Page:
Ukraine’s parliament voted on Thursday to extend regulations giving limited self-rule to separatist-controlled eastern regions, a prerequisite for a deal to settle the five-year conflict there.
Lawmakers gave a one-year extension to the regions’ “special status”, which was adopted in 2014 and has been extended several times.
The conflict in eastern Ukraine that broke out in 2014 has killed more than 13,000 people, left a large swathe of Ukraine under the control of Moscow-backed separatists and aggravated the deepest East-West rift since the Cold War.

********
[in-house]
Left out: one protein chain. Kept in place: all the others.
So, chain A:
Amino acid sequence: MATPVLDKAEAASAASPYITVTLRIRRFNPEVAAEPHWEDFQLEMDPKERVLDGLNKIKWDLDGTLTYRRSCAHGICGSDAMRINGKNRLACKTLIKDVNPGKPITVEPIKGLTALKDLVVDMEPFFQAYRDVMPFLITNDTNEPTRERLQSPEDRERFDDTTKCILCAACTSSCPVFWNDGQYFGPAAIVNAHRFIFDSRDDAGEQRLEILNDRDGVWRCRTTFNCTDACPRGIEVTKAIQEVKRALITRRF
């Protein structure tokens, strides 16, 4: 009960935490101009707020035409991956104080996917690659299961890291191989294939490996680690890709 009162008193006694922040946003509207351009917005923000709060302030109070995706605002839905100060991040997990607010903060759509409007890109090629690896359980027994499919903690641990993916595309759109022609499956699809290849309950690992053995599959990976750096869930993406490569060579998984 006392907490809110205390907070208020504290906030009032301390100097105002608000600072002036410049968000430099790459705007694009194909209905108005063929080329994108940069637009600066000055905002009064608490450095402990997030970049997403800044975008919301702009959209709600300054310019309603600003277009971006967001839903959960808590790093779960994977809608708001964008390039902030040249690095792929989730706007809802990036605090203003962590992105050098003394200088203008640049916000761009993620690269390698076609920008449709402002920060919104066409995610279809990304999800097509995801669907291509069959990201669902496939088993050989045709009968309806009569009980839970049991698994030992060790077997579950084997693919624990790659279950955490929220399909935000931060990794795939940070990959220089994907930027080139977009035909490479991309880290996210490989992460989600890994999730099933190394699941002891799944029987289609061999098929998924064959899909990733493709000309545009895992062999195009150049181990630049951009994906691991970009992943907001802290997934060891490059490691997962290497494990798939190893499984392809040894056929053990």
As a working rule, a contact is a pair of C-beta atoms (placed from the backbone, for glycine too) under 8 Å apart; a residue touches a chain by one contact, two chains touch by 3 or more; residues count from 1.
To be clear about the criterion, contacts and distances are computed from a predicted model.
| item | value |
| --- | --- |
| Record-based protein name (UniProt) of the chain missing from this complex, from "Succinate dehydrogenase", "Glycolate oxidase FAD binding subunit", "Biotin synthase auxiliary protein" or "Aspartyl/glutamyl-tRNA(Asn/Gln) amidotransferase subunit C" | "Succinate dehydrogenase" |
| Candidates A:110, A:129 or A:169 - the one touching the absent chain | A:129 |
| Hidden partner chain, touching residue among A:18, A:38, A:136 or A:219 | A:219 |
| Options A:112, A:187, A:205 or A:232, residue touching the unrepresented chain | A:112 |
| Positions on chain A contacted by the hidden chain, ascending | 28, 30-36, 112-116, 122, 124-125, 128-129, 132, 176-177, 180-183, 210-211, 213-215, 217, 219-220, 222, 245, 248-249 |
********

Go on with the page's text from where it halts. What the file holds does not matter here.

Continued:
The law granting the extension “is aimed at creating additional interim opportunities for the implementation of relevant legislative conditions aimed at the peaceful settlement of the situation in certain areas of Donetsk and Luhansk regions,” one of its authors, Oleksandr Korniyenko, told lawmakers before the vote.
The status allows the regions to set up their own police forces, prosecutors and courts and hold local elections.
An agreement to extend the law on special status has become one of the elements of an agreement of leaders Russia, Ukraine, France and Germany reached during their meeting in Paris this week.